For weeks, a shocked world has been transfixed by Russia’s murderous invasion of Ukraine. The killing and maiming of innocents by the thousands — unarmed women, children and the elderly — has been stunning. Resourceful Ukrainian soldiers have demonstrated enormous courage. And nation after nation has responded with rage, reprimands, armament, financial sanctions and threats of further recourse. Few members of the international community have remained unmoved.
Yet, at the same time in another part of the world, brutal violence against similar innocents has not only continued for years but has dramatically increased in the past few months.
Most recently, on March 20, Morning Star News reported from Nigeria, “Suspected Fulani herdsmen on Thursday (March 17) kidnapped 46 Christians and a number of their children in an attack in Kaduna state.”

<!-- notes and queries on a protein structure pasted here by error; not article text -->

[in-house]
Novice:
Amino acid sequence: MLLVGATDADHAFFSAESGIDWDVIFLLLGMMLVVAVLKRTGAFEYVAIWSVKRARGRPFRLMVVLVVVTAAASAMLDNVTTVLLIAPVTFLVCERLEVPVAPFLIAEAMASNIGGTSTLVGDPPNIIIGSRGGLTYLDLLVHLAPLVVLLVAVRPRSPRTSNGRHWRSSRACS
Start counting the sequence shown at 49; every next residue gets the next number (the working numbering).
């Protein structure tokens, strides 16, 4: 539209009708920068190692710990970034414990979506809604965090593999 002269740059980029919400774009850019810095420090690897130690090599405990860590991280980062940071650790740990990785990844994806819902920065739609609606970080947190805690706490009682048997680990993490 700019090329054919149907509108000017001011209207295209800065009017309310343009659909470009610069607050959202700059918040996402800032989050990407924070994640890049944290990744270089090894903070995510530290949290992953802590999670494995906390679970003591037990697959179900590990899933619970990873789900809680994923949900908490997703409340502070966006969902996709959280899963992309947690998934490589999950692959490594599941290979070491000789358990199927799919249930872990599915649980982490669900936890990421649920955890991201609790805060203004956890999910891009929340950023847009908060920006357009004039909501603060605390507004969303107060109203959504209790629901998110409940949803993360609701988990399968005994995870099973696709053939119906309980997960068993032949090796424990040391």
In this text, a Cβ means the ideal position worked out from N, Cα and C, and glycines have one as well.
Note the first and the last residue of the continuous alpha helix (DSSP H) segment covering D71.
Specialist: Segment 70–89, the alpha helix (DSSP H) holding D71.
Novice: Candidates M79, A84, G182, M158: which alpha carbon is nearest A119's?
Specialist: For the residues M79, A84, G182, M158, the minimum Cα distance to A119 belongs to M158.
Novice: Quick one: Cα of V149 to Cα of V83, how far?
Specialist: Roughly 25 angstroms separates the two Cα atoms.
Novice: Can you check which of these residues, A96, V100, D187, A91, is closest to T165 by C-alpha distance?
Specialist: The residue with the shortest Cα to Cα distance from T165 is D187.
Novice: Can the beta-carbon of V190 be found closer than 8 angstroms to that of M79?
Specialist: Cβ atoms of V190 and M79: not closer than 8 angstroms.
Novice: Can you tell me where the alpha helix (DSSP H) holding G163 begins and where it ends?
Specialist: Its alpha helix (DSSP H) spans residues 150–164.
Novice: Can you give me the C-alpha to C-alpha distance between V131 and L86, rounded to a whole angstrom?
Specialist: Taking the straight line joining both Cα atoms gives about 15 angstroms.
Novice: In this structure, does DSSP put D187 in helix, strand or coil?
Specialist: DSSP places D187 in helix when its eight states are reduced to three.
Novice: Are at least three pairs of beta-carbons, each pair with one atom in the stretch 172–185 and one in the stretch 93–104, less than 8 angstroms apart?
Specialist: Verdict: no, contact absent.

The heavily armed terrorists had attacked a predominantly Christian town, Agunu Dutse, shortly after midnight. “They trooped into our village in large numbers and began shooting indiscriminately at anyone on sight,” a local resident explained.
The following Sunday night, March 21, a church service in a different Kaduna city was just ending when well-armed insurgents arrived. “Agban Kagoro is under heavy attack with sporadic gunshots, burning down of houses in Adan, Mararaba, and Tsonje,” a frightened witness told International Christian Concern. Another later recounted, “Twenty-five people were killed and over 100 houses burnt.”
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